Four new natural protected areas were declared by presidential decree yesterday, bringing to 91 million hectares the total of land and sea areas that have been designated for environmental conservation.
The 5.75-million-hectare Caribbean reserve is located on the east coast of the Yucatán peninsula, and is designed to protect coastal wetlands, coral reefs and sea habitat.
The other three areas are:
The Pacific Islands Biosphere Reserve, a 1.16-million-hectare area off the west coast of the Baja peninsula, is comprised of 21 islands and 97 islets that boast more endemic species per square meter than found in the Galapagos Islands, according to Mexican officials.
The Nature Conservancy, which collaborated with the Mexican government on creation of the three marine reserves, said the Pacific islands reserve will protect land and surrounding waters through multiple-use zoning. Fishing grounds on which local fishermen depend will also be protected, it said.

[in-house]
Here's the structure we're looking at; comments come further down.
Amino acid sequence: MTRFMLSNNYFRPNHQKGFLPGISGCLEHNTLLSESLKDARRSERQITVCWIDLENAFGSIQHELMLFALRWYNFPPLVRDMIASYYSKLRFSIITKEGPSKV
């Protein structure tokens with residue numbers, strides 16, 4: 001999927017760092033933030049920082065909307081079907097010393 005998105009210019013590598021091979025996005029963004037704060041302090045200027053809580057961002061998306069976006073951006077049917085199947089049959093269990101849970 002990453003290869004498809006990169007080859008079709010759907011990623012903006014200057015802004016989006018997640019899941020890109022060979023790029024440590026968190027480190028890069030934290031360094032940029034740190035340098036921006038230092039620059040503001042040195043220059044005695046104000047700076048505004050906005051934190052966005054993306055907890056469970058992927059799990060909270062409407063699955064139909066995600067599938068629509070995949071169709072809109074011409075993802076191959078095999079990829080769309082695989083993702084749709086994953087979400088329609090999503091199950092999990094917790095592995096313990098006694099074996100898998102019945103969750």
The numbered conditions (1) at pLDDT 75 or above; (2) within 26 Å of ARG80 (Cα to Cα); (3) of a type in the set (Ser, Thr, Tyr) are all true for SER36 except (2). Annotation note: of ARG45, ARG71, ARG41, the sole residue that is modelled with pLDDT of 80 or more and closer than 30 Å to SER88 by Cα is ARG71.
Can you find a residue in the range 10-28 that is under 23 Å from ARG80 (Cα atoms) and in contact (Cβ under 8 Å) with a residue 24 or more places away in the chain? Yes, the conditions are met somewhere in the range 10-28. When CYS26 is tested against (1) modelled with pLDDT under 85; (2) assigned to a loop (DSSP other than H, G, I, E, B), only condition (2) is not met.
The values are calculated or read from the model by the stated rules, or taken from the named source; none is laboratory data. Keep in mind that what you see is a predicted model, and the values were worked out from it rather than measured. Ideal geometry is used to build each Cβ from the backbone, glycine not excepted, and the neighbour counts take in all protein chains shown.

The Pacific Biosphere Reserve is a deep-sea ocean area consisting of 57.78 million hectares off the Pacific coast. The Nature Conservancy said mining and fishing activities will be allowed but only outside strictly protected core zones.
The reserve takes in coastal waters of Nayarit, Jalisco, Colima, Michoacán, Guerrero, Oaxaca and Chiapas.
The Sierra of Tamaulipas Reserve is 309,000 hectares in Tamaulipas state and home to five feline species in danger of extinction: the jaguar, puma, jaguarondi, oncilla and ocelot. The reserve designation is also intended to protect eight different watersheds.
The Nature Conservancy, which has worked in Mexico for more than 30 years, issued a statement today congratulating the Mexican government for its commitment to conserving marine habitats and fulfilling an international biodiversity target.
President Enrique Peña Nieto signed the decree declaring the new reserves at COP13, a biodiversity conference with representatives from 196 countries in attendance.
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